The Last Coin (Review)

James Blaylock’s The Last Coin is a bit of a divisive book, with opinions running the gamut from awful to fantastic to boring. One thing everyone seems to agree on: it’s unique.

Jules Pennyman is an ambiguously evil, dapper ghoul of a person who is attempting to collect the 30 silver coins that were paid to Judas Iscariot to betray Jesus. They’re still floating about the world, are now magic, and posess some never-quite-specified power when in the posession of a single person. Or maybe it’s just when they’re all really close together – that, too, is never entirely clear. What, precisely, Pennyman wants the coins for isn’t stated, but it seems to have something to do with paving the entire world and destroying all of nature.

As the story opens, Pennyman has found something like 28 of the coins – enough of them that he’s gotten really good at kind of sensing where the next one will be, and so he finds himself in the improbable location of Seal Beach California, staying at a recently opened bed and breakfast with a soon-to-open restaurant. The bed and breakfast is run by Rose and Andrew Vanbergen and houses Rose’s aunt Naomi as a guest. Naomi is bankrolling the operation, and Andrew, a born loser and terminal dreamer, is mostly idling the money away on not-necessarily-horrible plans for the business that he never really manages to follow through on. Pennyman is here – unbeknownst to either him or Andrew at the outset of the story – because Andrew is about to come into posession of the special-est of the 30 coins in the form of one of Rose’s family heirlooms.

As for plot, well, there isn’t really any. You mostly just watch Andrew and his friend conspiracy theorist Beams Pickett do unaccountable things – sometimes screwing up, succeeding way more often than they have any right to. There’s a kind of low grade rivalry between Pennyman and Andrew in which they both (Andrew more than Pennyman) do really childish things to try to antagonize each other. And of course it all comes to a head in the end, when the presence of the titular Last Coin forces the rivalry into something more serious. Pennyman is, after all, trying to destroy the world (or at least radically alter it), and Andrew is duty-bound to stop him. Judas Iscariot is here too – he’s the Wandering Jew of legend in this work, much like in George R. R. Martin’s The Way of Cross and Dragon, here tasked with keeping the coins apart for all eternity – but not in the way you expect.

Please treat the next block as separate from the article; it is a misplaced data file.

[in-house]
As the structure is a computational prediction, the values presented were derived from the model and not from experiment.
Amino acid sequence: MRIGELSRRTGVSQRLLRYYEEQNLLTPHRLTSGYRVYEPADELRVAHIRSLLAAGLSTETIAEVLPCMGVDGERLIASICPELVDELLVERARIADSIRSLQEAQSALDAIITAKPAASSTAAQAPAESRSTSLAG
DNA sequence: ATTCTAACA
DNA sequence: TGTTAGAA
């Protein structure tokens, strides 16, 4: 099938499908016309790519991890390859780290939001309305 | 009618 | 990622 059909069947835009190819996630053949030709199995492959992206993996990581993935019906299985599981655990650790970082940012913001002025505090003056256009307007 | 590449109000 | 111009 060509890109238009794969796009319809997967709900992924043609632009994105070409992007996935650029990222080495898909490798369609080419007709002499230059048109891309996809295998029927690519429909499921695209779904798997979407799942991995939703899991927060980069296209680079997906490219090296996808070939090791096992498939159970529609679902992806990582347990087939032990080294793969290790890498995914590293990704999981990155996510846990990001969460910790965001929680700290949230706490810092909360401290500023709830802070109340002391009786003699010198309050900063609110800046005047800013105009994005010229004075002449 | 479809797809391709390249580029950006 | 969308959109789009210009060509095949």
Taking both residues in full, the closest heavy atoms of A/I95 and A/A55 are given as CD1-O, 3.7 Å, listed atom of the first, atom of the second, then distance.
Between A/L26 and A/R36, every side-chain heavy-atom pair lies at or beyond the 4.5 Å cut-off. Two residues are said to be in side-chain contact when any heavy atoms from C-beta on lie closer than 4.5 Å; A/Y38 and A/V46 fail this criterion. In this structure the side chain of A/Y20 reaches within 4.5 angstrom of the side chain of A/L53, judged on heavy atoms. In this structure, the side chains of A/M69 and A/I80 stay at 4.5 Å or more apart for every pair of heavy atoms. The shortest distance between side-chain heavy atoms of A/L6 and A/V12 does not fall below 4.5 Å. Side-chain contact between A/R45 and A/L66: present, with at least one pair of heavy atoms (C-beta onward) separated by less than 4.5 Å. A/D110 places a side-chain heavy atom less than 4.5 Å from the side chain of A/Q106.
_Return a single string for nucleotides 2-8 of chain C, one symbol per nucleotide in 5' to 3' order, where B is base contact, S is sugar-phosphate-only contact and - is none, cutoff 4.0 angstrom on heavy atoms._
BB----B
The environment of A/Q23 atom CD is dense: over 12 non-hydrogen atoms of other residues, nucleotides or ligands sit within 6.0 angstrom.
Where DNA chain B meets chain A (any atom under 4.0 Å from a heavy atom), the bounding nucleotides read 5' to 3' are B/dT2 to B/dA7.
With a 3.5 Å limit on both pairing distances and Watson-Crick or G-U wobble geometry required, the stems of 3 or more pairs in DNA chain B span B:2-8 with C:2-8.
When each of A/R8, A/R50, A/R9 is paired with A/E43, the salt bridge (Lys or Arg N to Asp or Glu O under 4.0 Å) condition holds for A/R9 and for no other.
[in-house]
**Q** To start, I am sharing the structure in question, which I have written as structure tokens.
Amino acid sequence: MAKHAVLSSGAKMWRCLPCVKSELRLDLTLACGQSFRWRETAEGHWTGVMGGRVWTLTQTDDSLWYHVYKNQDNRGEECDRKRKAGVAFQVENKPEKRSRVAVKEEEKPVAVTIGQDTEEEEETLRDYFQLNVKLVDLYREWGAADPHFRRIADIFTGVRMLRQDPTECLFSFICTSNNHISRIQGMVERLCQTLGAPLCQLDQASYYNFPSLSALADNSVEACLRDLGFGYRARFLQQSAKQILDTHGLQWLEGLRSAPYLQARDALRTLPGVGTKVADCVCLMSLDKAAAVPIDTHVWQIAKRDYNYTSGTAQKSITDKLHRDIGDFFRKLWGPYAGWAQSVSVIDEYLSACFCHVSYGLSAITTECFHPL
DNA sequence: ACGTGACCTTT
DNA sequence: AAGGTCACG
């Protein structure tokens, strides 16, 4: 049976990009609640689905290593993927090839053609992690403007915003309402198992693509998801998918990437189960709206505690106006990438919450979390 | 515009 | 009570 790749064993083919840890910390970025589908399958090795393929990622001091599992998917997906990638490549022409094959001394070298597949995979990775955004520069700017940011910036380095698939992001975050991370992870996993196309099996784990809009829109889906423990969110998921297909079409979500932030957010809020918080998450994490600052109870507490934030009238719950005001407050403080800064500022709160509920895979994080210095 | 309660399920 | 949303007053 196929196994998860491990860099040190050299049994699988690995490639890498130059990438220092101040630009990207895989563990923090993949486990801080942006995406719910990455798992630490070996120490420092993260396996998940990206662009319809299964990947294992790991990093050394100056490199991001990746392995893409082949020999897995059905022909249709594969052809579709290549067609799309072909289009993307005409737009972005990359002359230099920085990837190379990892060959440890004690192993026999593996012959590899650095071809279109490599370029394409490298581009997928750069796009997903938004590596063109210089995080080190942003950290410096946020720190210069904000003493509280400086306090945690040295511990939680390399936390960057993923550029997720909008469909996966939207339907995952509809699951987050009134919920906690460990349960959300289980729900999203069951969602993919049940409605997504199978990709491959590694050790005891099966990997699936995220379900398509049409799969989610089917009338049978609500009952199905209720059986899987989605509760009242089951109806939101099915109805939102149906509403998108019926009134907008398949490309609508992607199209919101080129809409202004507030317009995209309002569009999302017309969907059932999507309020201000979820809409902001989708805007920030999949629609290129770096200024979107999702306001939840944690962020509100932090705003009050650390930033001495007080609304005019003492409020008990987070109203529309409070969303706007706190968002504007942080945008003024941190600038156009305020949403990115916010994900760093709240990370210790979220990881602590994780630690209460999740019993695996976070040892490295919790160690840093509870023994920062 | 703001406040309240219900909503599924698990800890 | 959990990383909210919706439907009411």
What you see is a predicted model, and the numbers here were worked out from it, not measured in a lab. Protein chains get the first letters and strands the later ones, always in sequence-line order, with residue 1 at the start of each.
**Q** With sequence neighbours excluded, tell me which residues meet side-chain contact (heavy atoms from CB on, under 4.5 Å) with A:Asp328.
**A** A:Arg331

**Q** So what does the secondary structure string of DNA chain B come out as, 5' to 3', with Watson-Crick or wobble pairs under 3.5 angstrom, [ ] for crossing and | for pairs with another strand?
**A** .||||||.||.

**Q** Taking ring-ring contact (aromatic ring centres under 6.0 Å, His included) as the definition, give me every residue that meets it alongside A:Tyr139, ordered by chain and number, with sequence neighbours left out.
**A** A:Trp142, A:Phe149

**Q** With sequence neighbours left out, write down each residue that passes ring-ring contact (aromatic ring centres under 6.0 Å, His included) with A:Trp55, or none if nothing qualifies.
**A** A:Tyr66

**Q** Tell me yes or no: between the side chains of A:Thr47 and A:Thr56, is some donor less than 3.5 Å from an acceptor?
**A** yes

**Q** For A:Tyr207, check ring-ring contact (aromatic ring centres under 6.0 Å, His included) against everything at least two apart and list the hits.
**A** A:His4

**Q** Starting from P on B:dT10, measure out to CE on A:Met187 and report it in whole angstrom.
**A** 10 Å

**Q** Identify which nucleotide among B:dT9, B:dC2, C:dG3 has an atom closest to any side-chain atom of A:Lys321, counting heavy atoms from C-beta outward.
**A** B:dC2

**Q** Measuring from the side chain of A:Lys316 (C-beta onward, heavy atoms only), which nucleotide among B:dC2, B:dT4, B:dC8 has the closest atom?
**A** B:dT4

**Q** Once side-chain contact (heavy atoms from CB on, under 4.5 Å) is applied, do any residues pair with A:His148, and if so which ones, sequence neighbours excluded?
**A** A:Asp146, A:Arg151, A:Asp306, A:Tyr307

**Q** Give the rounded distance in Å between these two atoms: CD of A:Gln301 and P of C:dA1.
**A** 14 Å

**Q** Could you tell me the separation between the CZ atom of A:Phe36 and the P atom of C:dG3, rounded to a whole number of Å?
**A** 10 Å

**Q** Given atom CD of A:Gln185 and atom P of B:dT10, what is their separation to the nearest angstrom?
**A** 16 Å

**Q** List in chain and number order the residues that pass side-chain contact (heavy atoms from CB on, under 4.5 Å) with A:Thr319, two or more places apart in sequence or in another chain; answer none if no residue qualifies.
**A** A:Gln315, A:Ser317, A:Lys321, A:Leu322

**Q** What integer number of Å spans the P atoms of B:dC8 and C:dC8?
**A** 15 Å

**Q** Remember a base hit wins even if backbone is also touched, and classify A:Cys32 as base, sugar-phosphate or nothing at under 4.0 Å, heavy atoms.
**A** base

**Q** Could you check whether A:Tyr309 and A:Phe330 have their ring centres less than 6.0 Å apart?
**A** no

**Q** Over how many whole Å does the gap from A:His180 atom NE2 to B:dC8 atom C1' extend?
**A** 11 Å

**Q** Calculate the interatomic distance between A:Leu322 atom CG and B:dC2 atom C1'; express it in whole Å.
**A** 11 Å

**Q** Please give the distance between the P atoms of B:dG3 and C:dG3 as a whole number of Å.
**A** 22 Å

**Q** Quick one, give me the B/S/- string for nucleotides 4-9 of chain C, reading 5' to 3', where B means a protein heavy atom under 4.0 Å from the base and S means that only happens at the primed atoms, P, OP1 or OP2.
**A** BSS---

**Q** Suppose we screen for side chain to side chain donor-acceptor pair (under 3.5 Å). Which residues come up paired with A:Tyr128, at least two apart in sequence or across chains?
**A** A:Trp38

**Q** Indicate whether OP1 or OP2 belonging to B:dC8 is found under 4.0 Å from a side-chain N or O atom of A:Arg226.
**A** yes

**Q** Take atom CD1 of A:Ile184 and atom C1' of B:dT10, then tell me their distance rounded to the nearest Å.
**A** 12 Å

Not that there’s anything to spoil, but SPOILER ALERT – Andrew does manage to save the world in the end, albeit in a thoroughly unsatisfying, deus ex machina way. This isn’t one of those books you read for story, suspense, or plot.

You read it for character, for dialogue, and, most of all, for its general quirkiness.

At first, it’s just too cute. It seems to be trying way too hard. Andrew is too self-consciously strange, and simultaneously too bumbling. For the first third or so, it’s like one of those awkward comedy shows where the guy on stage is bombing and you can’t decide whether to throw him a laugh out of pity or just leave. But if you stick with it, an amazing thing happens, and you start to appreciate just how inventive these characters are. One too many times, someone’s inner monologue goes to a place you just weren’t expecting, and so after a time you have to – grudgingly at first, appreciatively later – admit that a lot of imagination went into this. Once your defenses are worn down, you realize that Jules actually is creepy, in a low-key way, and that Andrew is a lot more capable than he seems, and that some characters who seemed harmless are actually evil, and that the owls are not what they seem … and that, unexpectedly, it’s a really good book. Not everyone’s cup of tea to be sure, but by the end I had thoroughly enjoyed myself, and I know that I will read it again someday.

What it has going for it, really, are two key things. First, it does that thing I like where it talks about things of cosmic importance in mundane terms. As Reginald Foster was fond of pointing out to his students, Latin was spoken fluently by every 1st century whore long before it was the holy language of the priesthood. That the characters in this story are technically fighting a cosmic battle of good versus evil for the fate of the world, but are only dimly aware of it and are anyway so easily distracted by their petty attempts to one-up each other that they could barely concentrate on it if they were, is just kind of cool. "Seinfeldian" isn’t exactly the right word, but it’s not really the wrong word either. Second, the characters’ thoughts go to unexpected, but believable, places, and it’s very well done. Freqneutly in this book someone will be thinking to himself about something, and the train of thought will go to a distinctly abnormal place, and you the reader can see exactly where it went off the rails, but it’s never implausible or gimmicky. People, you slowly realize, really do think like this, including you yourself. It’s always surprising, never unbelievable.

So, I highly recommend this book. I won’t say there’s nothing grudging about that recommendation: it really is the kind of book that makes you want to hate it at first. You can’t, in the end, though. It’s too well-written, the characters are too compelling, and the central idea is too inventive. It makes you like it. And so you do.

Overall Rating B+

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